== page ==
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Maker uses 3D printing to convert 1980s Fisher Price cassette player into a Bluetooth speaker
Posted by 3DP4E

By Simon |

Although they were once considered a luxurious convenience product when they first came out years ago, wireless Bluetooth speakers have since become a go-to project for hardware hackers and developers - many of whom enjoy upcycling older products into ‘modern’ devices that are capable of connecting to any smartphone, tablet or computer.

Although we’ve seen everything from vintage radios and backpacks that have been converted into Bluetooth speakers, we’ve been yet to see the old and iconic Fisher Price cassette player converted into a device that’s capable of connecting to today’s smartphones - yet this is exactly what nostalgic and talented hardware hacker Matt Gruskin recently did.

“This is my #826 Fisher-Price tape recorder, which was manufactured on January 21, 1987 (as stamped in the battery compartment),” explains Gruskin in a blog post.

“I used it constantly when I was a kid. When I found it again in 2015, it didn’t work anymore. The problem was probably just a broken or missing belt for the tape deck, which I could have replaced. Instead, I made some deeper changes - I converted it into a Bluetooth speaker.”

– Matt Gruskin

After fully disassembling the cassette player - which was not as easy as it sounds due to the amount of mechanical assembly components - Gruskin began the process of determining what to scavenge and what to discard. In the end, many pieces were reused however it was determined that he would have to also create some new components in addition to the updated electronics, which were powered by a central SparkFun FT231X breakout board. For a power source, Gruskin used four C batteries in the original 4 battery compartment.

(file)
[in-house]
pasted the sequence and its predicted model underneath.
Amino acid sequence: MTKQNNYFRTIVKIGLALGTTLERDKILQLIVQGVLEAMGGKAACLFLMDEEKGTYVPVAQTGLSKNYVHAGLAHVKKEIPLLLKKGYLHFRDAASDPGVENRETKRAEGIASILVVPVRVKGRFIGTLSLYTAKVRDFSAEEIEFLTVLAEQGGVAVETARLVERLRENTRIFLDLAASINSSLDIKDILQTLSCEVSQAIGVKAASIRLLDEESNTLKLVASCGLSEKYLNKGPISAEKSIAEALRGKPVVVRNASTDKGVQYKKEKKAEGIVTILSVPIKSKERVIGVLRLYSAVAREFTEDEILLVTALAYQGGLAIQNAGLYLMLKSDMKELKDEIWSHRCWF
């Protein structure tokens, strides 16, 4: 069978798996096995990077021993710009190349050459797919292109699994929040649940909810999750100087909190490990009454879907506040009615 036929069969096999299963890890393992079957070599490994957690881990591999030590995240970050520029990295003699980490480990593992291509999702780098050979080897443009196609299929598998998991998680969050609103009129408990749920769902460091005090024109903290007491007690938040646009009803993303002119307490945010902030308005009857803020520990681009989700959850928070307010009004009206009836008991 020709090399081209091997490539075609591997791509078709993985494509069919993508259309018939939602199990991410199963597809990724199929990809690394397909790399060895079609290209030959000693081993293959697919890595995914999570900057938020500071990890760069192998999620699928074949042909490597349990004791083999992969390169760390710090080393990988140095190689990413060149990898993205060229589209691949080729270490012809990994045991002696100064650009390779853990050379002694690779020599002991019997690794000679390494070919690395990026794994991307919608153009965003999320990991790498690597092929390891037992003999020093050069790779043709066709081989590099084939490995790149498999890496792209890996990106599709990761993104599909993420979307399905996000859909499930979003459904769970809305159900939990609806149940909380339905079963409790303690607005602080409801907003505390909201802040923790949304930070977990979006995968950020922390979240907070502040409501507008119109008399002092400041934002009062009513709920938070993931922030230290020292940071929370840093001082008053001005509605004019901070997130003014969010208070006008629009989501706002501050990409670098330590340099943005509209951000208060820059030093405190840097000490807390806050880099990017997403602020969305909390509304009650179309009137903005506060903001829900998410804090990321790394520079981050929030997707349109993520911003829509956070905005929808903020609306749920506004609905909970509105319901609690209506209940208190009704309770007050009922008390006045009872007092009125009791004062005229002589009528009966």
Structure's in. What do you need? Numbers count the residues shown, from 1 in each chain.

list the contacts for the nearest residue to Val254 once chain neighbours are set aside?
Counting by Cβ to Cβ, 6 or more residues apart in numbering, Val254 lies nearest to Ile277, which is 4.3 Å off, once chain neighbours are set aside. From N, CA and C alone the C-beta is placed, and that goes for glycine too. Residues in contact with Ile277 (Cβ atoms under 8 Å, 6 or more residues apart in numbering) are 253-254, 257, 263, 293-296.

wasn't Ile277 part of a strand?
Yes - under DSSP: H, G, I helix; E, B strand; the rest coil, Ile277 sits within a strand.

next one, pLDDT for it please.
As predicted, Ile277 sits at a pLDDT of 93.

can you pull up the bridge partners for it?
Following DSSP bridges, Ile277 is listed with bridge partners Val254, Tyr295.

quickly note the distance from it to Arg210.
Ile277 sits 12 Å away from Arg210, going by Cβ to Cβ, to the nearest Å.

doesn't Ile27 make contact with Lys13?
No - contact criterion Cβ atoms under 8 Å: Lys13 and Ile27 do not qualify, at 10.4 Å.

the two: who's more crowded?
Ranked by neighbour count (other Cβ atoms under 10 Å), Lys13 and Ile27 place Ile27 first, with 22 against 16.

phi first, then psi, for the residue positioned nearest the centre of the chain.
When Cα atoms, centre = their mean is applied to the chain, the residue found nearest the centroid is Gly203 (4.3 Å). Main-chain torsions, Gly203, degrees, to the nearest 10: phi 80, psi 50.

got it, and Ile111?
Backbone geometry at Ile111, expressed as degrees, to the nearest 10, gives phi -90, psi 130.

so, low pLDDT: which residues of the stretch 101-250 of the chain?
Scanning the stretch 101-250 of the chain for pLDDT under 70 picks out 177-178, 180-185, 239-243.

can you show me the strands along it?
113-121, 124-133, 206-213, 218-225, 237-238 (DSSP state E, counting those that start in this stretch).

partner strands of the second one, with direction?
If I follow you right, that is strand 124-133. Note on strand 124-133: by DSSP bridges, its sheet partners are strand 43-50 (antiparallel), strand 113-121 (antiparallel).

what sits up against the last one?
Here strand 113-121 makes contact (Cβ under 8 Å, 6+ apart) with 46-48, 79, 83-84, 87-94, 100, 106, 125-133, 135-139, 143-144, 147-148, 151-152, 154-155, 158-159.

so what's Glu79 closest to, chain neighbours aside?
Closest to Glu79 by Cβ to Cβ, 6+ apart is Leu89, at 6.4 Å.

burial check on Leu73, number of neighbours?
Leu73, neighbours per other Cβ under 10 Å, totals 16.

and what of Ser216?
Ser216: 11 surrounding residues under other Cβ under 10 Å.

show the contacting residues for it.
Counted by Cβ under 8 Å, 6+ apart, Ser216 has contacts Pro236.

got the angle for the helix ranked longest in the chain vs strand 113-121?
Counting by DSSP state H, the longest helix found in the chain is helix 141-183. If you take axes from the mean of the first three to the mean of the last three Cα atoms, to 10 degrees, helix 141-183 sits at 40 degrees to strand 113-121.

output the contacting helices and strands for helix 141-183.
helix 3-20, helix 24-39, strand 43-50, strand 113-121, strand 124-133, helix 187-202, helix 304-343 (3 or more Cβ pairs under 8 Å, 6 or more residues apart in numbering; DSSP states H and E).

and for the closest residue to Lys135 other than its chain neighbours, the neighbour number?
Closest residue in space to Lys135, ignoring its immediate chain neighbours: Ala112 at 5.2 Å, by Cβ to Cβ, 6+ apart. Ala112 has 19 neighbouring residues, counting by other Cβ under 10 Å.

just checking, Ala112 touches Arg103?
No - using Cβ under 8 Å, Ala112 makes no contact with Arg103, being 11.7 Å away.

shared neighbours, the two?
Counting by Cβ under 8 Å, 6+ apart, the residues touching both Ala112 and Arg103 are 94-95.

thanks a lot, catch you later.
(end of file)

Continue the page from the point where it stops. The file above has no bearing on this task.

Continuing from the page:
One of the more challenging parts of the build included implementing a PCB slot adapter, which was designed by Gruskin using OpenSCAD. The new design, which is designed to fit in the original PCB slot, is able to hold the new, smaller PCB in the correct place while also keeping it close to the volume knob slot. To print the PCB adapter design, Gruskin used an Ultimaker 3D printer - however he admits that it took more than a few prints to get the design dialed-in correctly.

“It took a few prints to get it to fit well enough - I am guilty of relying a little too much on trial-and-error when 3D printing parts, instead of measuring more carefully, as it’s so easy to make minor tweaks and try another print,” he explains.

– Matt Gruskin

Aiming to keep the updated Bluetooth speaker as similar to the experience of the original cassette player as possible, Gruskin even went so far as to modify the mechanical buttons to correspond with the controls of the digital music player - certainly no easy feat. To do this, he matched up the mechanical buttons to stranded wires.

“After some experimentation, the solution that finally worked was simply hot-gluing a stripped stranded wire to each of the vertical metal button bars. Hot glue itself didn't stick well to the metal button bars, so I wound up sticking some double-sided tape to each metal button bar, and hot-gluing the wire insulation to the tape,” he explains.

– Matt Gruskin

“When each button is pressed, its exposed stranded wire moves downward and makes contact with a horizontal metal bar that runs in front of the vertical metal button bars. By grounding the horizontal metal bar, each button's wire is floating when the button is not pressed, but pulled low when the button is pressed - exactly the signals that the RN-52 Bluetooth audio module needs for the AVRCP commands.”

– Matt Gruskin

Considering that each part of the original Fisher Price cassette player has been updated to control a modern piece of technology, this is certainly one of the more impressive Bluetooth speaker projects we’ve seen.

For those interested in hacking their own Fisher Price cassette players into a Bluetooth speaker, or to learn more about what’s involved in the process if you have an idea for doing something similar, Gruskin has supplied the necessary code and an in-depth build process journal over on his GitHub page.


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